This note was originally published November 08, 2013 at 12:13 in Macro
So, there are basically two kinds of economists/pundits. Those that acknowledge and accept the unpredictability of both the monthly BLS employment data and the market’s reaction to it and liars.
The fact that the October employment data would be hostage to a host of distortions –higher sampling error, seasonality in education hiring, and government shutdown impacts on gross hiring, hours worked, the headline and U-6 unemployment rates - has been pretty well advertised (BLS).
Given moderate estimates (+120K) and the expectation for negative impacts from the government shutdown, the balance of risk heading into the release was to the upside as a weaker number could be explained away by the aforementioned distortions while a higher number (in spite of the negative drags) would drive renewed policy uncertainty.
Optically, the October Employment figures were solid. But since the prevailing lens with which the market is filtering the payroll data is less a fundamental one than one with an eye towards the implications for prospective Fed policy adjustment, its perhaps best to take a brief cerebral sojourn and interpret today’s release through the eyes of a Fed head.
That interpretation would probably read something like this:
The labor market data is good, but not great – with that “goodness” up for debate given the distortive effects of the shutdown. The unemployment rate remains above target, Labor Participation remains at trough levels (although it’s partly a secular/demographic driven), inflation is still well below target and wage inflation remains subdued. Fiscal policy will remain an uncertainty/headwind through at least February of next year, credit market liquidity is in decline, and housing/credit activity has slowed subsequent to the expedited back up in rates that followed our last hint at incremental hawkishness.
If past is precedent, such an interpretation = no policy change without further confirming evidence.
THE DATA: Steady with an extra side of caveat….
STEADY GROWTH: As we highlighted alongside the September release – while the absolute NFP numbers have been trending lower since 1Q13, on a rate of change basis, the YoY growth and 2Y growth rates have been relatively stable over that same period – a dynamic largely stemming from the existent seasonal distortion in the data.
This dynamic held in September has employment growth held steady while absolute net job gains declined sequentially. October again looks similar with the 2Y growth rate holding right in line with trend. We continue to expect seasonality to drive strengthening headline improvement in the employment data over the next 6 months with peak positive impact occurring in March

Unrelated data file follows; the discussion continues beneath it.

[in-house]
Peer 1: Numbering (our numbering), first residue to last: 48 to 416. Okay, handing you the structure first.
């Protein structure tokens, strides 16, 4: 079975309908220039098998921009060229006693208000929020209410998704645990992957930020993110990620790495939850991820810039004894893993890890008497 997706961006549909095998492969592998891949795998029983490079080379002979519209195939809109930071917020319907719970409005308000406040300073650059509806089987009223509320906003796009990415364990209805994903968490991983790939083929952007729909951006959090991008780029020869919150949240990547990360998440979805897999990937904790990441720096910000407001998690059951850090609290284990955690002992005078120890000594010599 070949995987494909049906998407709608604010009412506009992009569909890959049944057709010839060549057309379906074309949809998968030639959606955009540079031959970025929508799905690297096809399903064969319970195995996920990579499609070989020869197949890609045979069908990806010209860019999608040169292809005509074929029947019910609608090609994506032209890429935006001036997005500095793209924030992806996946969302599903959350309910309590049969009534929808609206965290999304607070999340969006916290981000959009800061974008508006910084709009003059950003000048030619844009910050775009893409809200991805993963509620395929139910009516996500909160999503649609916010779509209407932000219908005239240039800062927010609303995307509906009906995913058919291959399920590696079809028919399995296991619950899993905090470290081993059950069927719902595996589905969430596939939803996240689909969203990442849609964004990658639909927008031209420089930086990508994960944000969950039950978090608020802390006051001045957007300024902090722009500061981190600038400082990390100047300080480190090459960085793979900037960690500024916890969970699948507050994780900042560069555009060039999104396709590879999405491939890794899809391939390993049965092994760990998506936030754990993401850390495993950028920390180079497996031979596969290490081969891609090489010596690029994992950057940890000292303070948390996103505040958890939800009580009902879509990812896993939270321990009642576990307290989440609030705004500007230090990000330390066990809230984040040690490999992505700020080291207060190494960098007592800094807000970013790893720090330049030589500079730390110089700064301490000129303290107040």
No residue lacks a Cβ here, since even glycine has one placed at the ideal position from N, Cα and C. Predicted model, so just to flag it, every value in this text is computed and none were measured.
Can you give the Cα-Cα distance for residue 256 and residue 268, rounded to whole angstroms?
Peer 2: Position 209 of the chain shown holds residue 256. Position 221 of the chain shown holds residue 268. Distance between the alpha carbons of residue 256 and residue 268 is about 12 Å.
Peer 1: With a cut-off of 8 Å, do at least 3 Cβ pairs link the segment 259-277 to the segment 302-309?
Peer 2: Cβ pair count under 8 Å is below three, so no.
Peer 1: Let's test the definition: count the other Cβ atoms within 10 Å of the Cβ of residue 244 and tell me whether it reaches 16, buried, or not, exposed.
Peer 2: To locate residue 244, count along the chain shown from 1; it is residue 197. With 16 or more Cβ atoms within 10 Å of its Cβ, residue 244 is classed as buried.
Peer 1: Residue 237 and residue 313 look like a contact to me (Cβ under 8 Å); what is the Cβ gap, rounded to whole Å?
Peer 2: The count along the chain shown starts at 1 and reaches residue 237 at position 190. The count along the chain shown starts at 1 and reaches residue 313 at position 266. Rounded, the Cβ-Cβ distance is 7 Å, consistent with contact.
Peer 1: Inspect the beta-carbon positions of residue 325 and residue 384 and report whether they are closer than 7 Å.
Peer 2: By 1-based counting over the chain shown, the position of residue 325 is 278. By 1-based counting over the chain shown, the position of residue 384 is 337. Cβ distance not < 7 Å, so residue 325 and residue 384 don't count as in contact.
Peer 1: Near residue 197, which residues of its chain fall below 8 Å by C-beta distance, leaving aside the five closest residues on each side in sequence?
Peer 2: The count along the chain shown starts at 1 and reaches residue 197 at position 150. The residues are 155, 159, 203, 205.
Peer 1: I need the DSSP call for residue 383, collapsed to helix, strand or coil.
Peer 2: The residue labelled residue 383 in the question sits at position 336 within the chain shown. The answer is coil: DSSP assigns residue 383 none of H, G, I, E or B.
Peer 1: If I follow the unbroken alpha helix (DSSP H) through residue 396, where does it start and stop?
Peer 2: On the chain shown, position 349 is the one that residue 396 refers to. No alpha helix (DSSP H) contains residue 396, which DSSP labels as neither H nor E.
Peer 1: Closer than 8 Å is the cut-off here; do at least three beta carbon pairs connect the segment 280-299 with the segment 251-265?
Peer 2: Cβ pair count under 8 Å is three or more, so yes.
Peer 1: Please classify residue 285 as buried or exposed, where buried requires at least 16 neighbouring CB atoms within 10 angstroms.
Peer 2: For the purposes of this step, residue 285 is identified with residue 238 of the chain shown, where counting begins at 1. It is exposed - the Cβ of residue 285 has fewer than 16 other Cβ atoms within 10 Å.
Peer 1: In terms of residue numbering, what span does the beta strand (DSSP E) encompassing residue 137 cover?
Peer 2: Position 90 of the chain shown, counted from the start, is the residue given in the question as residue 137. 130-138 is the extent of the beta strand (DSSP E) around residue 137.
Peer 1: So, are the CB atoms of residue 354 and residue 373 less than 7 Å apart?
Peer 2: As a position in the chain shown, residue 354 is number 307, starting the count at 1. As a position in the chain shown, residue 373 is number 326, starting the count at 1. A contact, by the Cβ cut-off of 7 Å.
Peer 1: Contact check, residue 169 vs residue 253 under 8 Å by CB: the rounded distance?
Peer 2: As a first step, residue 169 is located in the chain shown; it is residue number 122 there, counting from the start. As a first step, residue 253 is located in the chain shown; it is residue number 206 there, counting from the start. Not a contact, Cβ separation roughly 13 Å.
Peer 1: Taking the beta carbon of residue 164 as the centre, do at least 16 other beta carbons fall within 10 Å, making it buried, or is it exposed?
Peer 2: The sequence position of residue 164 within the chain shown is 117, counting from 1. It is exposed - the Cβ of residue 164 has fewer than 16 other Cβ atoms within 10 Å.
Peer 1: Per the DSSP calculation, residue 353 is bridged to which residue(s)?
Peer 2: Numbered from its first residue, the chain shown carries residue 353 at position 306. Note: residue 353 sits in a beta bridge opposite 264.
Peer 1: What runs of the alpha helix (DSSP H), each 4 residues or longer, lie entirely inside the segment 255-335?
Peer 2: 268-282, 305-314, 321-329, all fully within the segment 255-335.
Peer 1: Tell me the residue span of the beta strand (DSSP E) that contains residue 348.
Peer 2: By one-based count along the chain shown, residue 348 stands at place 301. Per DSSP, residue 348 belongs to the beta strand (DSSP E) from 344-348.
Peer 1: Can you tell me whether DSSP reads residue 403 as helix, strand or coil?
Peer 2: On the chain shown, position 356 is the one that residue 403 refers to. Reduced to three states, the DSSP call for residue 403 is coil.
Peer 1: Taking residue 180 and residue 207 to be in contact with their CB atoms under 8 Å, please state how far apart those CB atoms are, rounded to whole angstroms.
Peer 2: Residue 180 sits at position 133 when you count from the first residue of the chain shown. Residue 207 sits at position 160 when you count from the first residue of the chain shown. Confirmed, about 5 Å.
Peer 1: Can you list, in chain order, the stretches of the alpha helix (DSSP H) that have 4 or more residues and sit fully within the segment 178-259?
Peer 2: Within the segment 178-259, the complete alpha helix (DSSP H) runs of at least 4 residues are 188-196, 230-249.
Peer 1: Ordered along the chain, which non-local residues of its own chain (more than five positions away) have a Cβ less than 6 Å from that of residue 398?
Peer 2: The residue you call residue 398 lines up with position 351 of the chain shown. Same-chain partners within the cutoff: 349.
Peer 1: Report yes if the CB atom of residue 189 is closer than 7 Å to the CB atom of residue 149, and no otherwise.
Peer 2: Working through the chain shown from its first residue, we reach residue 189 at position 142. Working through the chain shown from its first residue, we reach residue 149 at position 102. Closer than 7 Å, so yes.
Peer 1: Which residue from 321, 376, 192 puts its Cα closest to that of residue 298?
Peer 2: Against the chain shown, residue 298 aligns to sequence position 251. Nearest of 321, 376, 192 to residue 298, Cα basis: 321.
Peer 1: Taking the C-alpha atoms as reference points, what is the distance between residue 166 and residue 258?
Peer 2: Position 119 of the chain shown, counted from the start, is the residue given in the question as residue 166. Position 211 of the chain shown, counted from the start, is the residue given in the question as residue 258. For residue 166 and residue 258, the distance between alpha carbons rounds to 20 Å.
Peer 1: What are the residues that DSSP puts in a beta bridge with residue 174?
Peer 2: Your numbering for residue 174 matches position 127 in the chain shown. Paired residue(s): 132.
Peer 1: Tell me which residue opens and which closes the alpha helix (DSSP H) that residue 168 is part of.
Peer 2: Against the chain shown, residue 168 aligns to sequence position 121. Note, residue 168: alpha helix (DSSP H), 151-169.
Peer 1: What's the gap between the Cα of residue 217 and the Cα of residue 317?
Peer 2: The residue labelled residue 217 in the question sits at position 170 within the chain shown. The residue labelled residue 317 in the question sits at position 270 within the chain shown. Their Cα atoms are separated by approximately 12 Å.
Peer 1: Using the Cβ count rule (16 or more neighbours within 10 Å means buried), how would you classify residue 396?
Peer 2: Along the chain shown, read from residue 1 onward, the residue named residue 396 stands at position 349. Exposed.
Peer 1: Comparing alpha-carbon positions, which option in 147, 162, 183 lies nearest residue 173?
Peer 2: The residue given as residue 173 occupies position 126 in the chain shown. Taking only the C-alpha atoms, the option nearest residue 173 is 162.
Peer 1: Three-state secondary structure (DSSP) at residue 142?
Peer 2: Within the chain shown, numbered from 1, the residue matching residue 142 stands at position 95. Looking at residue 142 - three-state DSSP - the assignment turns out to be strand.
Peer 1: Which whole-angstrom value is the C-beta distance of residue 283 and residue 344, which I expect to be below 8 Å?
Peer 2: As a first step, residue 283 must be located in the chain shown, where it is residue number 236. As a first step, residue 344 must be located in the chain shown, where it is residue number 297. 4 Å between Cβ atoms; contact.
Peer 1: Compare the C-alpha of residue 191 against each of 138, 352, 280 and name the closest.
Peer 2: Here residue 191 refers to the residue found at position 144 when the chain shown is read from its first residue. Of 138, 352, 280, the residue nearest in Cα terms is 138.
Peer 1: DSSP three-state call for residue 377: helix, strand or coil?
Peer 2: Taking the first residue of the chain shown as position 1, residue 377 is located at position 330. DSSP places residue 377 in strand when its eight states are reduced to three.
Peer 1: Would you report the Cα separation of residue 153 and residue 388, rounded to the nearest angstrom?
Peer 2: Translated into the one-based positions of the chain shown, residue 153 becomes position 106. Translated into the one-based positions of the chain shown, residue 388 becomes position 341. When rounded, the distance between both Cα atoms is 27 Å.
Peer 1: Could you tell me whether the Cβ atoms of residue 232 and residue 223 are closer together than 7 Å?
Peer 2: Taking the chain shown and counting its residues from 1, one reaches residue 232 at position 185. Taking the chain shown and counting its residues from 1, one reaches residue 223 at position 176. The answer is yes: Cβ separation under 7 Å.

A TALE OF TWO SURVEY’S: The largest oddity in today’s release was the massive divergence between the household survey (which drives the Unemployment Rate), which showed net job loss of -732K, and the headline strength in the Establishment survey (which drives the NFP figure) which showed a net gain +204K with a positive two month net revision to Aug/Sept of +60K.
Further, while the Establishment Survey showed accelerating improvement and job gains across all industries except wholesale Trade, the Household survey reflected decelerating payroll growth across all age cohorts, a 720K decline in the total labor force and another new low in labor participation.
What do you do with that? Practically, we’ll probably just have to wait for next month’s data to get a “cleaner”, confirmatory read on Trend.
SHUTDOWN IMPACT: The impact of the government shutdown appears to have shown up primarily in the temporary layoff tally which increased by +435K on the month.
Elsewhere, U-6 Unemployment ticked up to 13.8% from 13.6%, part-time employment continued to decline, state and local government employment growth continued to accelerate, and hourly earnings growth and ave hours were essentially flat sequentially.
Takeaway: Alongside the continued strength in the initial jobless claims data, the BLS employment figures reflect ongoing, albeit moderate, improvement in the domestic labor market. The odds of today’s data shifting the course of policy action in the immediate term seems unlikely. We continue to navigate heightened policy uncertainty, and the resultant market volatility, with our lowest gross and net exposures of the year.
PERSONAL INCOME & SPENDING: TREND IMPROVEMENT
Personal income increased 0.5% MoM in September, outpacing spending growth of +0.2% while the savings rate increased to its highest level since December of 2012 ahead of the government shutdown.
From an intermediate term perspective, the trend improvement in personal income growth remains encouraging for forward consumption. Personal Income & personal disposable income growth are both rising, Per Capita DPI is accelerating and the household savings rate is moving higher.
Notably, the positive improvement in income is occurring despite the discrete drag from government where budget cuts are driving the largest decline in government employment growth in decades and negative income growth for approximately 17% of the workforce.
If negative growth in government employment bases and government sourced personal income growth goes positive alongside some measure of budget resolution (i.e. sequestration alternative), consumption growth could see meaningful support in 2014.
Christian B. Drake